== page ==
It is down to the integrity of Burrell and his knowledge of the world of art and antiquities at that time that there are so few provenance issues associated with his vast collection, although there have been several recent notable exceptions around artworks appropriated by the Nazis.
But in Glasgow, people are less concerned about issues pertaining to the Burrell Collection’s imperial context than they are about the cost of upgrading it at a time of closures and failings in the upkeep on commuity facilities across the city.
Still, this doesn’t avoid the fact that the collection was gathered at the height of the British empire, whose social norms and politics of exploitation sit uneasily with the drive to present alternative cultural perspectives today – meaning the voices of the people and cultures where the art originated.
A supporter of living artists, Burrell was guided by prominent art dealers and academics in developing his knowledge around art and history. He was a Scottish Presbyterian with a deep sense of public service, a trustee of several national institutions and was involved in local politics.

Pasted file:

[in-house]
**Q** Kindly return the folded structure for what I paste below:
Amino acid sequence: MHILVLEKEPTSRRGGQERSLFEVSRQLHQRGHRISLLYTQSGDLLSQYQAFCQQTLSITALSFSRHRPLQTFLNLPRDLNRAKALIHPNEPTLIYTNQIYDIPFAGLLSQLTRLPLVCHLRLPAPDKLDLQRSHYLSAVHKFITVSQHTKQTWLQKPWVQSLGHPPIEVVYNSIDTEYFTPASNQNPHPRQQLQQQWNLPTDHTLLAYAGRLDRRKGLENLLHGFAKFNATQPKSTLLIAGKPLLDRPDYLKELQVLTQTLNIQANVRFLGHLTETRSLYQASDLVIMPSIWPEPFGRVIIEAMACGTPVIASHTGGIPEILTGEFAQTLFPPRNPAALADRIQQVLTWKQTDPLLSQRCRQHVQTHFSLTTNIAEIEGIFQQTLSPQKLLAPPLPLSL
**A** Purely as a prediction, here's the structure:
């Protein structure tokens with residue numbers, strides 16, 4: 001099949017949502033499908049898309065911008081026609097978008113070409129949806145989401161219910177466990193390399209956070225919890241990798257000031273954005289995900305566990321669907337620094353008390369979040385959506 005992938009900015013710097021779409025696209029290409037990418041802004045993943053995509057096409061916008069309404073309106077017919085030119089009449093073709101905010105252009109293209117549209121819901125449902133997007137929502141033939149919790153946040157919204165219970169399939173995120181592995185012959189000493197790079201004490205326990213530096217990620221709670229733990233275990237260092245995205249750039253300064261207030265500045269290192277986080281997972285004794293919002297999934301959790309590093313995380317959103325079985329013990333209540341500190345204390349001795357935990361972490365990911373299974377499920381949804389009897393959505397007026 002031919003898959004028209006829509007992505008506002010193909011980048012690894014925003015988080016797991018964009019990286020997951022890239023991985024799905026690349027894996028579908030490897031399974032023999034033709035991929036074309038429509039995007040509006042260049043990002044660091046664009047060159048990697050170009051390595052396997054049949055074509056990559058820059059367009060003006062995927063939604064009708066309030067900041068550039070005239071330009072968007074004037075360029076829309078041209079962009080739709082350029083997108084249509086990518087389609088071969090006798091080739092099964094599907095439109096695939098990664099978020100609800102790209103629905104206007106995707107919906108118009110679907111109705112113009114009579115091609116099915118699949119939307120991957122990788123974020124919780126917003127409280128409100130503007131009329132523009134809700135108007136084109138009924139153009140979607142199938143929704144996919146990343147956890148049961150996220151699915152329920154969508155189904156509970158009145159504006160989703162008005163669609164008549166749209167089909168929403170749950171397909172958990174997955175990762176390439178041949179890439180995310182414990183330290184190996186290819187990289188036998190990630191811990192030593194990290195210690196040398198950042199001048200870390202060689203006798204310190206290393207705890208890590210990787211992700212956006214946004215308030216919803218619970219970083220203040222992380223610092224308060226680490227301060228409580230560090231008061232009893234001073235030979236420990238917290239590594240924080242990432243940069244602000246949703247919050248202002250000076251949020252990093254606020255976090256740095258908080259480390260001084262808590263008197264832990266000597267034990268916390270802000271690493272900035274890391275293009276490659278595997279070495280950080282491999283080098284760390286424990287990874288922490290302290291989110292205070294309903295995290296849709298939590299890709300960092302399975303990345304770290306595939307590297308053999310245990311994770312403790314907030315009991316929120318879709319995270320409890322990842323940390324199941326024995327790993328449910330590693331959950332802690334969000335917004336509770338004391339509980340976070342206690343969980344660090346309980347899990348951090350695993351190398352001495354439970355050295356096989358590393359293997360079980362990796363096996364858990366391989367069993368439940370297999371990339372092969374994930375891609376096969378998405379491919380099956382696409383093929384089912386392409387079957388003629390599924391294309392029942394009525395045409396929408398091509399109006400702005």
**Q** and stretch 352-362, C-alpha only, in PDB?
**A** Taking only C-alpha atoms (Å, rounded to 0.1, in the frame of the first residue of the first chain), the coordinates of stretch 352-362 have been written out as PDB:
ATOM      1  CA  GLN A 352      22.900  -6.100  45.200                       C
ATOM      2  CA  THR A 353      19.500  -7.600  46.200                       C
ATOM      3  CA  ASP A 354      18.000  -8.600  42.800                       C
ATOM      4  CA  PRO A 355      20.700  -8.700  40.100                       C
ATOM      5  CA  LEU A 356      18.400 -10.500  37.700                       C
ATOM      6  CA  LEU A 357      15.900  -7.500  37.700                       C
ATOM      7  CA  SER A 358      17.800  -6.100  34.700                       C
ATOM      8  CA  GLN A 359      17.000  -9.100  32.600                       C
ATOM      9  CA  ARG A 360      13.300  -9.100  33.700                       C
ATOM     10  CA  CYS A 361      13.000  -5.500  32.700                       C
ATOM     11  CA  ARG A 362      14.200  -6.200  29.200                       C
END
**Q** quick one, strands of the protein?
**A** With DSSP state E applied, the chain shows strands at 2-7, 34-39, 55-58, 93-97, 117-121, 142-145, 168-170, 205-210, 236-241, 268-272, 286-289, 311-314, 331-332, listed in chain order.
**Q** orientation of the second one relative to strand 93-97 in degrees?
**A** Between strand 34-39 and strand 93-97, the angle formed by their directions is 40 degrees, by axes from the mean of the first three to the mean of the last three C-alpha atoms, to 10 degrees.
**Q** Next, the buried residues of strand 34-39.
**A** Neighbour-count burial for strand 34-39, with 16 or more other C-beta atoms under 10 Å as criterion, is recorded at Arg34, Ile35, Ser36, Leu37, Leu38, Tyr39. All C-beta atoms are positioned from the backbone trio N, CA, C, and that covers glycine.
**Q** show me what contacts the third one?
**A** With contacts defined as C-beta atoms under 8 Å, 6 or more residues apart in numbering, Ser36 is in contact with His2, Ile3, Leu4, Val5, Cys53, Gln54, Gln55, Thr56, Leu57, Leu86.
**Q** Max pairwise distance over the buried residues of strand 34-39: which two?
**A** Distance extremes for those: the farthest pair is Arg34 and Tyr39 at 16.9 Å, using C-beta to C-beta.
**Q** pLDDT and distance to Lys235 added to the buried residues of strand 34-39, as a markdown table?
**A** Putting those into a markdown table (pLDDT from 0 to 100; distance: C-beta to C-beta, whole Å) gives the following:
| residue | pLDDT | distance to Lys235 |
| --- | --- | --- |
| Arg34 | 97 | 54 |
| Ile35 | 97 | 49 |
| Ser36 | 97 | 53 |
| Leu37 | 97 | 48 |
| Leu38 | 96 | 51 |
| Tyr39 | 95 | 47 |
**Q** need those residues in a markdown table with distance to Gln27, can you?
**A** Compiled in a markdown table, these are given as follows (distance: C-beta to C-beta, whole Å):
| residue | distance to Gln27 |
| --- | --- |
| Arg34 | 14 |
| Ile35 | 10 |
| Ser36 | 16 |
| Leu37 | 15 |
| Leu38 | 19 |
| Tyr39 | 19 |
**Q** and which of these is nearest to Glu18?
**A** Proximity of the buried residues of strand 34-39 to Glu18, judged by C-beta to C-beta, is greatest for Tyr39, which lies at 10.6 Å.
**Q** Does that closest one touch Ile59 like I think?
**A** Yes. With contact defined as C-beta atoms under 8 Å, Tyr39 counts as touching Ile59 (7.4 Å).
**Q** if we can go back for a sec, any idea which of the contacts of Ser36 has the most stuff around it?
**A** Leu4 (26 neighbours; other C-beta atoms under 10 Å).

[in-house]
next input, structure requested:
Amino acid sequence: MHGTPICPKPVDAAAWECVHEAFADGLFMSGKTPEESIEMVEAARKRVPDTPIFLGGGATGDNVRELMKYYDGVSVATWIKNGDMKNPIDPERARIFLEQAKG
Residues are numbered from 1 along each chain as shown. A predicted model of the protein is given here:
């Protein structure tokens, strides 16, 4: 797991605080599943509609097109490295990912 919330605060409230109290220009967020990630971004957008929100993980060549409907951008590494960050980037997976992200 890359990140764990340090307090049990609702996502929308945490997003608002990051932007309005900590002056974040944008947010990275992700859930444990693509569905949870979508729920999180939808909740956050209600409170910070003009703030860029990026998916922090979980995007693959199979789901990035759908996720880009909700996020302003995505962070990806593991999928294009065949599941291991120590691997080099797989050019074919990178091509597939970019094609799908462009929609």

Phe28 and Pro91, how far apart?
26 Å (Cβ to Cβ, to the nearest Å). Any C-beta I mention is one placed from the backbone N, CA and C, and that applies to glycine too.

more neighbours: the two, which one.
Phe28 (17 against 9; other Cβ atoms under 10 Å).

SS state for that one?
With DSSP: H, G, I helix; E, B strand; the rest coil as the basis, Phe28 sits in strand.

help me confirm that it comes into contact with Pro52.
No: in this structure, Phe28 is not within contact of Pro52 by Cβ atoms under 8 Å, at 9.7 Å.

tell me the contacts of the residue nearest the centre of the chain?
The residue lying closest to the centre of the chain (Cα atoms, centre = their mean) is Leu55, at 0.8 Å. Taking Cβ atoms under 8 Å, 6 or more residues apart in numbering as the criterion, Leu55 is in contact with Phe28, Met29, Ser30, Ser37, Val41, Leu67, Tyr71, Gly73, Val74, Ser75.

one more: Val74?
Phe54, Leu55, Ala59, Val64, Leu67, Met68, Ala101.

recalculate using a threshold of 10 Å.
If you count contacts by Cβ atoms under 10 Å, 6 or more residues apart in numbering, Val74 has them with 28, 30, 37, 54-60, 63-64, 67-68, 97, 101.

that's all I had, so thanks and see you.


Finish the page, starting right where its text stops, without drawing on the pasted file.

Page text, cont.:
He regularly loaned his artworks to different galleries around the country, wishing to share his developing art collection with others. His artworks were particularly prominent at the Glasgow International Exhibition of 1901.
His collection offered those who wished to improve their lives through the appreciation of beauty and craft an opportunity to share in his legacy. Today, many regard the quality of the Burrell Collection as unsurpassed, rivalling major international art museums.
This new exhibition provides an insight into the life of the Burrells and their collections of beautiful objects and works of art. These include artefacts of ancient Mesopotamia, Greece and Rome, Ming Dynasty vases, 19th-century romantic French paintings and delicate Japanese woodcut prints. There is high renaissance stained-glass set against medieval armour, Persian tapestries contrasting delicate lace, and rare pieces of furniture.
The two new acquisitions are stunning: Mallard Rising is a painting by Joseph Crawhall, who was one of the leading Glasgow Boys – an influential group of artists who rebelled against stuffy cultural Victorian norms; and the small bronze statue is by Camille Claudel, best known as Auguste Rodin’s lover and assistant, but a gifted – if largely unrecognised – sculptor in her own right.